Interviewed by the BBC Boris Johnson said: ‘“My strong preference is for people to see their wages rise… rather than welfare,” as even two Conservative MPs urge him not to cut universal credit payments from October.”

Johnson has defended the planned cuts by suggesting claimants should rely on their own “efforts” rather than accept “welfare”. Unsurprisingly Johnson’s suggestion that the six million people on Universal Credit, including many people facing illness, and people who are on pitifully low wages (around four in ten claimants are in work) are not making an ‘effort’ is completely insulting from a man who has known nothing but obscene privilege. These cuts come from a government whose Foreign Secretary Dominic Raab, lay on a beach on a £40,000 holiday, too lazy to make phone calls that could have saved lives, once accused British workers of being “among the worst idlers in the world”.

Whilst the media has been curating a story about the pandemic that it’s over and gone away it clearly hasn’t and it clearly isn’t. We’re entering a new phase of the pandemic in which a largely vaccinated population suffers the economic hit and the devastating social impact of the virus is revealed. At the same time food prices are on the rise and our fragile and precarious food-chain teeters on the brink of collapse. The Tories and the Brexiteers have created a perfect storm, the CoronaBrexit, a concoction of self-harm by a deranged cadre of British nationalists.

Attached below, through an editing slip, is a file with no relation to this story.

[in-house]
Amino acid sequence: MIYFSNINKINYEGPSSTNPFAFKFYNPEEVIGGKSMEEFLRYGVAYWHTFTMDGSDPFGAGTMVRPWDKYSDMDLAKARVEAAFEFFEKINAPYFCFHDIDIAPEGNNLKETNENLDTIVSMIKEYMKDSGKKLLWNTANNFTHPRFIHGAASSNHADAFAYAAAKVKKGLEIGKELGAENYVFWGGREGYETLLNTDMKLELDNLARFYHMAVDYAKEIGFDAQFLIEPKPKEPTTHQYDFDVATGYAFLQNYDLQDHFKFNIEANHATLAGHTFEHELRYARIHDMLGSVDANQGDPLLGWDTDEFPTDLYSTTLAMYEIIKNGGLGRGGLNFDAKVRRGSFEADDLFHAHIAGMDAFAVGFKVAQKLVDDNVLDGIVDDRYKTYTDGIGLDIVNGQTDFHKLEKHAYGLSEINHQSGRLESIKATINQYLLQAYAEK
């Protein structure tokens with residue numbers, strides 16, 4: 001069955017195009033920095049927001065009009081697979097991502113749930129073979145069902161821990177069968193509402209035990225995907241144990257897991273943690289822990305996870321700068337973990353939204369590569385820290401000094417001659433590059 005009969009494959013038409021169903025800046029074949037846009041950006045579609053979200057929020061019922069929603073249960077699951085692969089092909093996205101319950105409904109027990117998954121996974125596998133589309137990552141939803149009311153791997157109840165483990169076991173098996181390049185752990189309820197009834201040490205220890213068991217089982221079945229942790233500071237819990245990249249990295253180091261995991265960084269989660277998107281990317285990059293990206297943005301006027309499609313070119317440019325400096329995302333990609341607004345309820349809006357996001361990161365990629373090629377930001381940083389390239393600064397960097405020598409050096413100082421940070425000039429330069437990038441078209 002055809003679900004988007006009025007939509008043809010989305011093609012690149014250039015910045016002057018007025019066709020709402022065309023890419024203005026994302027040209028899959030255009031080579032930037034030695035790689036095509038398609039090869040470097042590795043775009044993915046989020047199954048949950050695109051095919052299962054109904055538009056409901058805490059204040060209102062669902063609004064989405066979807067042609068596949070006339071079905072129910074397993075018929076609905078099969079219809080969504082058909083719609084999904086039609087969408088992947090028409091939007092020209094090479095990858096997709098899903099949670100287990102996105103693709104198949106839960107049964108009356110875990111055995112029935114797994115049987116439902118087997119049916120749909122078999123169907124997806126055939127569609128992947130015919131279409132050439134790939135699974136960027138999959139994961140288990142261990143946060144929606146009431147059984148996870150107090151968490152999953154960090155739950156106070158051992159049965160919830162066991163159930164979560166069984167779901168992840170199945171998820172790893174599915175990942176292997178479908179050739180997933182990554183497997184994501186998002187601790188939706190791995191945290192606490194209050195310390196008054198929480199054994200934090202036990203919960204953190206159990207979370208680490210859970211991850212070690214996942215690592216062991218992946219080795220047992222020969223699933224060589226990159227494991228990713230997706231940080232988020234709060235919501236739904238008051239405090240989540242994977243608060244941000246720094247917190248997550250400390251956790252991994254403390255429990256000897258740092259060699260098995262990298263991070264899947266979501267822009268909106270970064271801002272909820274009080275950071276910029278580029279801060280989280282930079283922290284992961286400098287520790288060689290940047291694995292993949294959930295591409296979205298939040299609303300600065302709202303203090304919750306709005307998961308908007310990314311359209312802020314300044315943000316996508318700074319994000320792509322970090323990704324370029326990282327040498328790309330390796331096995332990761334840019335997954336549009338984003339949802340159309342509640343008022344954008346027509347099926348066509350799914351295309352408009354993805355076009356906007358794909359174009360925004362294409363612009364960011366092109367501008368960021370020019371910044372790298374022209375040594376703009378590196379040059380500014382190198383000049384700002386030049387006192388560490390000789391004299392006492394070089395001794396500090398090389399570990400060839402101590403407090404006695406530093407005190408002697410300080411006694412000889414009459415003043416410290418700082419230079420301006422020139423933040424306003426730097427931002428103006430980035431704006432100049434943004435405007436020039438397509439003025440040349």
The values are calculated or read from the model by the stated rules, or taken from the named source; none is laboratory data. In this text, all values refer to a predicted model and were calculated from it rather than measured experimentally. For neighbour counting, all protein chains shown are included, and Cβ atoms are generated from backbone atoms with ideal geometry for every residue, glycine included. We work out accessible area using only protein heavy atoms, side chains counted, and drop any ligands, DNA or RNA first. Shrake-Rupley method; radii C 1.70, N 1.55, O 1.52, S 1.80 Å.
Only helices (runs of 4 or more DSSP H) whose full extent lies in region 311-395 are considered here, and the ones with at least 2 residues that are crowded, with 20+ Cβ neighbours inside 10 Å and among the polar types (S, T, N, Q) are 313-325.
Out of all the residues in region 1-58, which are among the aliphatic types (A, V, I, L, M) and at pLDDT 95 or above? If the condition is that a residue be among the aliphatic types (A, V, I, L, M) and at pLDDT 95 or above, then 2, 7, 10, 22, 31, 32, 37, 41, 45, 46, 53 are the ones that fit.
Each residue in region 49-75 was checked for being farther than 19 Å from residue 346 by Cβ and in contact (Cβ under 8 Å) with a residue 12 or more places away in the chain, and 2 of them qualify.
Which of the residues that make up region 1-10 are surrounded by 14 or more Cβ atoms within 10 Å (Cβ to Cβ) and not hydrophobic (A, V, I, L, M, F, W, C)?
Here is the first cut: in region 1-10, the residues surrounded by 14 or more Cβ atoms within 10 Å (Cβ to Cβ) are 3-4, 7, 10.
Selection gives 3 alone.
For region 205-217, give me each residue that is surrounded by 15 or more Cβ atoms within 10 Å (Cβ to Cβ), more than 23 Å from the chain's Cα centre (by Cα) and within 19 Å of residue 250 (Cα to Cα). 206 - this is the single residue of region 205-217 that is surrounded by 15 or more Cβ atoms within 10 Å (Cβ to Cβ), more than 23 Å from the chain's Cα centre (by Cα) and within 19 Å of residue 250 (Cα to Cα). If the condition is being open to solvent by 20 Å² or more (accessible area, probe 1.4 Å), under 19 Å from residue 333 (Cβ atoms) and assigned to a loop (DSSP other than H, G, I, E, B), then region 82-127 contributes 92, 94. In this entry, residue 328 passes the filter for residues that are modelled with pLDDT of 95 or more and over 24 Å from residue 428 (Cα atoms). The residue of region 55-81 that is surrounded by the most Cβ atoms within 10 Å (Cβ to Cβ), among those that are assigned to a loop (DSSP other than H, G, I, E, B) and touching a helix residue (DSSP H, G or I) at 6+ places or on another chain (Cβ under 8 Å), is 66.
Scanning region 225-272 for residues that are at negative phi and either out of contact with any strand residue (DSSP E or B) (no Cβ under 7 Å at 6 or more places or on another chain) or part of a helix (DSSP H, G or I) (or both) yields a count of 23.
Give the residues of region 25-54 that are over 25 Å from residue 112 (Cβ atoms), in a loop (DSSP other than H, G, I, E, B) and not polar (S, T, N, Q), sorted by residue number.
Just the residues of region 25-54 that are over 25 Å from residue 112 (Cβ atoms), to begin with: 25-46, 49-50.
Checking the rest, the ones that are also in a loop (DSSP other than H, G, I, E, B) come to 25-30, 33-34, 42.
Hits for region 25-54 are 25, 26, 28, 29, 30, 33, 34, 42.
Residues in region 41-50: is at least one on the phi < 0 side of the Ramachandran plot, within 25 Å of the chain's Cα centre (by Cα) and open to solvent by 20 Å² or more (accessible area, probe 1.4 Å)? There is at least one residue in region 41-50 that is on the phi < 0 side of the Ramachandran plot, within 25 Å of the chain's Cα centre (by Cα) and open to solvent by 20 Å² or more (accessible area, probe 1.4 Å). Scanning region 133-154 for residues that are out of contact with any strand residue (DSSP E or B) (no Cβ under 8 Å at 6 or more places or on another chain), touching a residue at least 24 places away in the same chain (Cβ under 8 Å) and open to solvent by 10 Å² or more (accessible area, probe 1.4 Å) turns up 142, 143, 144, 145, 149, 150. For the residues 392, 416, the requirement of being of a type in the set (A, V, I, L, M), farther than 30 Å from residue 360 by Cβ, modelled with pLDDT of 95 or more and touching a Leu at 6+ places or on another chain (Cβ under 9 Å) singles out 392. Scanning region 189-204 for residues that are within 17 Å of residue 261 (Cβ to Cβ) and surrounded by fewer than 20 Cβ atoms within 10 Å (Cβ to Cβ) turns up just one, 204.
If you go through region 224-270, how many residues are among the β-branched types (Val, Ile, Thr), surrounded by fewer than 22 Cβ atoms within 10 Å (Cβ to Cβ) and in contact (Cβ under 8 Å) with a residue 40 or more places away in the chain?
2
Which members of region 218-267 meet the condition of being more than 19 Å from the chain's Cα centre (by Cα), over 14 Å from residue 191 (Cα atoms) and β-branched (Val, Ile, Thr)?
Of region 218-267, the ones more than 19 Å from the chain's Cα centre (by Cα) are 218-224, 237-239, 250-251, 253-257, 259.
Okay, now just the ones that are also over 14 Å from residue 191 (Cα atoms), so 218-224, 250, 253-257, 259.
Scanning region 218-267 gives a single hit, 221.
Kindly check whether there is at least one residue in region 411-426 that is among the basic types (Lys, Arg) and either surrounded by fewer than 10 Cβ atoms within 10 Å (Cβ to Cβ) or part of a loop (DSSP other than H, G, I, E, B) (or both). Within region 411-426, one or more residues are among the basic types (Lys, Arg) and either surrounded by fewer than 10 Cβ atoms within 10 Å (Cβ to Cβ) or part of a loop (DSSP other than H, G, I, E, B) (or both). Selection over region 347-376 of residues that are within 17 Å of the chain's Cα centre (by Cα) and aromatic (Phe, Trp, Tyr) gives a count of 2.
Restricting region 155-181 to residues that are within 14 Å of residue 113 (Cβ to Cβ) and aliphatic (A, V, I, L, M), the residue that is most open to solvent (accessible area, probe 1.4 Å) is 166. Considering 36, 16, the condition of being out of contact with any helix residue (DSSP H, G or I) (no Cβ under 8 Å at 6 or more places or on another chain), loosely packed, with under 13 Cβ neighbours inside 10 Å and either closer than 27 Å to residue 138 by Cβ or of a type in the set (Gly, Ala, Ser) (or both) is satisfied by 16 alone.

This crisis is a precious one and we must learn the lessons it’s revealing to us. We are ruled-over by an elite as incompetent as they are venal. They run a war economy whilst slashing meagre support to the poorest in society. Let’s hope that we are not all so stunned and stressed and traumatised to gather the strength required to overthrow them.